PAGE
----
Gabriela Benavides, a wildlife vet, went to the Kruger National Park in early August and after an awesome sighting with 2 honey badgers, they were getting ready to head back when they decided to drive one more loop.
"As we turned, my husband spotted a snake in a mud hole, which was quite unusual for winter time. A bird flew away as soon as we stopped and while we were trying to figure out what type of snake was it, the bird, a grey-headed bush-shrike, started tugging at something that also pulled the snake. Soon we realized they were the intestines of the snake - a Rufous Beaked Snake. At a closer look, it didn’t have eyes anymore and there was blood on its face. The bird kept pulling and pecking on the snake, and the snake kept opening its mouth as a threat, but couldn’t do much else to defend itself in its weak state."
“At first, we got excited, but as we figured out what was going on, it became gruesome and sad. It was obvious the bird was winning so we just hoped it ended quickly for the snake. We knew it was nature but took all our strength to stay on and be witnesses of how cruel sometimes the circle of life is.“The bird got a chunk out of the hole where the intestines were sticking out and flew away with it. The snake didn’t move after that, the head was in a hole in the mud, so we couldn’t see any movement of the tongue and we assumed it was dead. It took another 20 minutes for the fight to be over.”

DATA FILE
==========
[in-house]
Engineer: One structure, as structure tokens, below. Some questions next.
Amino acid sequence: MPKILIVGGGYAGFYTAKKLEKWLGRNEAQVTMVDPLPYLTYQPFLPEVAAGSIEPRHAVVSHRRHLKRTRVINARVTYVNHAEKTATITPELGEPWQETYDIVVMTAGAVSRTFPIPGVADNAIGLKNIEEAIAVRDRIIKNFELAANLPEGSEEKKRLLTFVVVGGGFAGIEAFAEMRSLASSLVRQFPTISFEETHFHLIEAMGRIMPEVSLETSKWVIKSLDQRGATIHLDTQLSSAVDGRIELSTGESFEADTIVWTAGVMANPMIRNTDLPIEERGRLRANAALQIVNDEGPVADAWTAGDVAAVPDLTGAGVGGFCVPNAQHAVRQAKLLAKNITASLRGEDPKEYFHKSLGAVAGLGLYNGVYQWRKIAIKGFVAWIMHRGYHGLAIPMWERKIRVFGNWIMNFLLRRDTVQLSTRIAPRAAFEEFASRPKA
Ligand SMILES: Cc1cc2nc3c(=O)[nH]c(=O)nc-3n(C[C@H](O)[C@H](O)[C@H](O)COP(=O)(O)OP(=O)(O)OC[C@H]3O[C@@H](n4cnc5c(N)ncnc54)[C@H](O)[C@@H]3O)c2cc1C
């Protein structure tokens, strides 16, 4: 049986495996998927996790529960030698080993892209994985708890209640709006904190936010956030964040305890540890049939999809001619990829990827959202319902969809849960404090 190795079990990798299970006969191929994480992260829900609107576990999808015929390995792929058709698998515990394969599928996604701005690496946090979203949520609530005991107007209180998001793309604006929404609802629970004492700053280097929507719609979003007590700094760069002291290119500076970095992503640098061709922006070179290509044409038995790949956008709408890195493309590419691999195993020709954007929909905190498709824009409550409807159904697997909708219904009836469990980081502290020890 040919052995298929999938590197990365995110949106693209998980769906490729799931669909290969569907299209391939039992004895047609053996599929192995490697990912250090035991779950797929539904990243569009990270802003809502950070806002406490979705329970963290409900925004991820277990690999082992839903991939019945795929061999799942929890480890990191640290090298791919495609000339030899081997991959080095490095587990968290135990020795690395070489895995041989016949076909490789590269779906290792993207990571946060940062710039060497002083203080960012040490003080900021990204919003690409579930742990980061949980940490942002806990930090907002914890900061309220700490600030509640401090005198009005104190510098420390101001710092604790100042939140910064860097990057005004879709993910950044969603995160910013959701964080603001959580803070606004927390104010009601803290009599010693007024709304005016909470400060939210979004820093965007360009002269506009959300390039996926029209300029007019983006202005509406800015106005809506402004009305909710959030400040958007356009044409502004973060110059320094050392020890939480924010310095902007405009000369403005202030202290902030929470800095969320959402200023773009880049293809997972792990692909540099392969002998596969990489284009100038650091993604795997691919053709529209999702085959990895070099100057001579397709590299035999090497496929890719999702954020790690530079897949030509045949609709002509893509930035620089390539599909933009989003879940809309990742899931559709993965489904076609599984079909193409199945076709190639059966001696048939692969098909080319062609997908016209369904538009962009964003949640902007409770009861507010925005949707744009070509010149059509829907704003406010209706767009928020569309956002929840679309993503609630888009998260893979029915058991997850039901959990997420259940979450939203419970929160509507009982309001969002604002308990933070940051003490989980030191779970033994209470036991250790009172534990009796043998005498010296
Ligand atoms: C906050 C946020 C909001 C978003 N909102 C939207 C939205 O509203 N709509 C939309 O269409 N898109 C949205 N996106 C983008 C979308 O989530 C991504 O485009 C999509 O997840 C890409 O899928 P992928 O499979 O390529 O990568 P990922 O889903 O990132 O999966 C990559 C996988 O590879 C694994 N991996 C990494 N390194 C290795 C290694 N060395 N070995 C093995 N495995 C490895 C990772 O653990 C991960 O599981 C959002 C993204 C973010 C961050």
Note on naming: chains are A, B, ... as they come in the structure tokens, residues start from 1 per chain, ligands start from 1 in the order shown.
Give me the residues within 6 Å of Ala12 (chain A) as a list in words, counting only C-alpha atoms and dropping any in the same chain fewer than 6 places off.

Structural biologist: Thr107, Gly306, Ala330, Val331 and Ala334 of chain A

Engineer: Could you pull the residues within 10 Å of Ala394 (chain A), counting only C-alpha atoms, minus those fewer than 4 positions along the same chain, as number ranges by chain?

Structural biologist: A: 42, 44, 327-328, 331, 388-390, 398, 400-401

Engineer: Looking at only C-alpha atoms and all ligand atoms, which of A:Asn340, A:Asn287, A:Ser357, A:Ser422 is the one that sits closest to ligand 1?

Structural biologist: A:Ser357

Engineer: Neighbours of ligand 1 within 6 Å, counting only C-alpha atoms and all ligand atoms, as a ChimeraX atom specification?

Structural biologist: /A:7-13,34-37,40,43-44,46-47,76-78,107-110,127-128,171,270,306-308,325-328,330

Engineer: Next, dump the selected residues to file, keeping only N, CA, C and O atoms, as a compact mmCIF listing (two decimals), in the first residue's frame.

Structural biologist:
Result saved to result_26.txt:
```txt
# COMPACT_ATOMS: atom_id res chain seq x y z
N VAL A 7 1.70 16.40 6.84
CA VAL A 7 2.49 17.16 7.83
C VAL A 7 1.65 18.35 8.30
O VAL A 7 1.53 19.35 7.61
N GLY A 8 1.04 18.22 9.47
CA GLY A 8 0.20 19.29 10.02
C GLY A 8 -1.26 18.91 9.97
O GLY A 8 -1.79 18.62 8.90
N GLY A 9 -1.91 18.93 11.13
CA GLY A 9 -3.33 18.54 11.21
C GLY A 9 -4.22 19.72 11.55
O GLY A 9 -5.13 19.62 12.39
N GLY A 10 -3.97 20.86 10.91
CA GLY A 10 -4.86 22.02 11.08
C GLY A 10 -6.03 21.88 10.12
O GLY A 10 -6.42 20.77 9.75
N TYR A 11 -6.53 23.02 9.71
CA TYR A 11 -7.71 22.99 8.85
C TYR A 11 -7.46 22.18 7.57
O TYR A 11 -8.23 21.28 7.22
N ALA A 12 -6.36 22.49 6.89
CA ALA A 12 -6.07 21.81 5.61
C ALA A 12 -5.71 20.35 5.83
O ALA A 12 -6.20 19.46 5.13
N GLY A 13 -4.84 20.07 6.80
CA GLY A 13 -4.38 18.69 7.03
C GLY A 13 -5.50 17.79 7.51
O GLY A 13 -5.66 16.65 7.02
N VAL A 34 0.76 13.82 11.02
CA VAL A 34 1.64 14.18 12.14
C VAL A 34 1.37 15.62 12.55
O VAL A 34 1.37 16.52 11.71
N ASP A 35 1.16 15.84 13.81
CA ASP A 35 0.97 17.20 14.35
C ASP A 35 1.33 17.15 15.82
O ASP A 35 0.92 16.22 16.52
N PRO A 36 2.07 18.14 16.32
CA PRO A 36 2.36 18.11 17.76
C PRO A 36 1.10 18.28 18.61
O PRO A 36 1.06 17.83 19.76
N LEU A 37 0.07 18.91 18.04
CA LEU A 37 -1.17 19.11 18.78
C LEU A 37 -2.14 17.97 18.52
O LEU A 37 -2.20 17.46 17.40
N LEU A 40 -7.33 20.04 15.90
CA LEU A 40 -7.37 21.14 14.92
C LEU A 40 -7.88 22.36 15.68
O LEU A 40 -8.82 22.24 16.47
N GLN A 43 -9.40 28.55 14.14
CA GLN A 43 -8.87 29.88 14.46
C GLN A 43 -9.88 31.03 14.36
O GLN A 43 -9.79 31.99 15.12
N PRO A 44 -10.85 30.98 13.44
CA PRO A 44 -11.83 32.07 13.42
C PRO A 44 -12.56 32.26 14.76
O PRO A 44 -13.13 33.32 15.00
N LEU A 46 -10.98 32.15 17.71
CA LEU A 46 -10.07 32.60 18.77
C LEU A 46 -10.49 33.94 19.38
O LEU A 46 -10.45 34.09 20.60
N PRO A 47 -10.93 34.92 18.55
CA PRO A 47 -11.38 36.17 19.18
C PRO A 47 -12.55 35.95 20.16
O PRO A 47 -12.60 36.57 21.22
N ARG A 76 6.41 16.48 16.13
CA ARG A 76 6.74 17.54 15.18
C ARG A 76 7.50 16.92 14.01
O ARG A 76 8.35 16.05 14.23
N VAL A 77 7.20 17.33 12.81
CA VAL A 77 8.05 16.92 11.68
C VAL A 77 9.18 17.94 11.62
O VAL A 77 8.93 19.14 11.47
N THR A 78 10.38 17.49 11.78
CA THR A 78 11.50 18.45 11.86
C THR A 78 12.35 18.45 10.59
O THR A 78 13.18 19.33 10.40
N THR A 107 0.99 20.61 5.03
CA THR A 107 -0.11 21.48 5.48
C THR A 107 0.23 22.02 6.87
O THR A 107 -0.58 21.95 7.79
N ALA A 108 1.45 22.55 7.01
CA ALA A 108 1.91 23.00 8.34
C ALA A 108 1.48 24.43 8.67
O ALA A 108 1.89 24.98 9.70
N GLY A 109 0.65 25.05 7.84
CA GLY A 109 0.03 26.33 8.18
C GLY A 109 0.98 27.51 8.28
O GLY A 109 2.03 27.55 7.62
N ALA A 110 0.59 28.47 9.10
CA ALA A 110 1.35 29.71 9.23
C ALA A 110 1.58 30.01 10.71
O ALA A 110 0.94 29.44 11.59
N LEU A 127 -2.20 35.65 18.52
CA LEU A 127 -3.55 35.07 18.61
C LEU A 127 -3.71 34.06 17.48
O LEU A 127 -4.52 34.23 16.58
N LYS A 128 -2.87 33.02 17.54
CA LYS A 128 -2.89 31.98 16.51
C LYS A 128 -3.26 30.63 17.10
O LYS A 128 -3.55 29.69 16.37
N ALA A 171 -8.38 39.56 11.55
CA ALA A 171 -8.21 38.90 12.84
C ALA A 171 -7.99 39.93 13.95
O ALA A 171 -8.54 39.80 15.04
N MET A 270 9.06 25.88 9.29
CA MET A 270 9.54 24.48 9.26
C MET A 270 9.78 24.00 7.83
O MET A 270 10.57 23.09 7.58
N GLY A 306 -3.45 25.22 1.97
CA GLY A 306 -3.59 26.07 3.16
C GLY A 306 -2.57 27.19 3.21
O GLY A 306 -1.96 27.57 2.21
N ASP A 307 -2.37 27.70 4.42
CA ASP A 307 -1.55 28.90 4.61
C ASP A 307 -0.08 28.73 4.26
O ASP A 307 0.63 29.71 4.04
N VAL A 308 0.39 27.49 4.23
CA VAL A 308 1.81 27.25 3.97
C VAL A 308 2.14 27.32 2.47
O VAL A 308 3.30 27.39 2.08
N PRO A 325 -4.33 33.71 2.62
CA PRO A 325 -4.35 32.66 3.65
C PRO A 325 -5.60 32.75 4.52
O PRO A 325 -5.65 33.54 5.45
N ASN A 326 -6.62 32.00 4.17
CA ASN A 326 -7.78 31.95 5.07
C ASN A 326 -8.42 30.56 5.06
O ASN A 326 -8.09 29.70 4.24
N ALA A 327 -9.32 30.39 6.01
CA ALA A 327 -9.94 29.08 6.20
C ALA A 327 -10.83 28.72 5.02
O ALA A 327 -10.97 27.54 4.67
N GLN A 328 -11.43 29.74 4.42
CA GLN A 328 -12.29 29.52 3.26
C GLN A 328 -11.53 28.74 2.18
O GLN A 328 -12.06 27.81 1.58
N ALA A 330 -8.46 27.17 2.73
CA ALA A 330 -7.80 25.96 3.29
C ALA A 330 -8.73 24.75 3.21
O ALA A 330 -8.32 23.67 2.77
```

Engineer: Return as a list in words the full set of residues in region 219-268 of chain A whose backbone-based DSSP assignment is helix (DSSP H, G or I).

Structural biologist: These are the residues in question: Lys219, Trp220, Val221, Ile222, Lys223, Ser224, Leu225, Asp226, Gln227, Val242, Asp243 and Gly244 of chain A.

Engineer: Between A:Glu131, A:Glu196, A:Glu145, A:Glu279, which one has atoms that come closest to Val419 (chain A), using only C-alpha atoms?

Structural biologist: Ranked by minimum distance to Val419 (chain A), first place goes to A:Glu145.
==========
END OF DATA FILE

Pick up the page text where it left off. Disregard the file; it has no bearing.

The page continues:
“I have never seen a bird so small kill a snake for what looked like a meal. In fact, I never even thought a snake would on its menu. We first thought it was defending its nest, but in the end, the bird took a big piece of some internal organ of the snake, which ultimately killed it. It was a once in a lifetime sighting.”
“Never underestimate a sighting that is not as glamorous as the big 5, because you might end up being a witness of a unique experience that takes you through so many emotions at once, from excitement, doubt, horror, sadness and even empathy for a snake which most of the times we fear. Every minute spent in the Kruger is worth it, as one never knows what might be around the next corner.”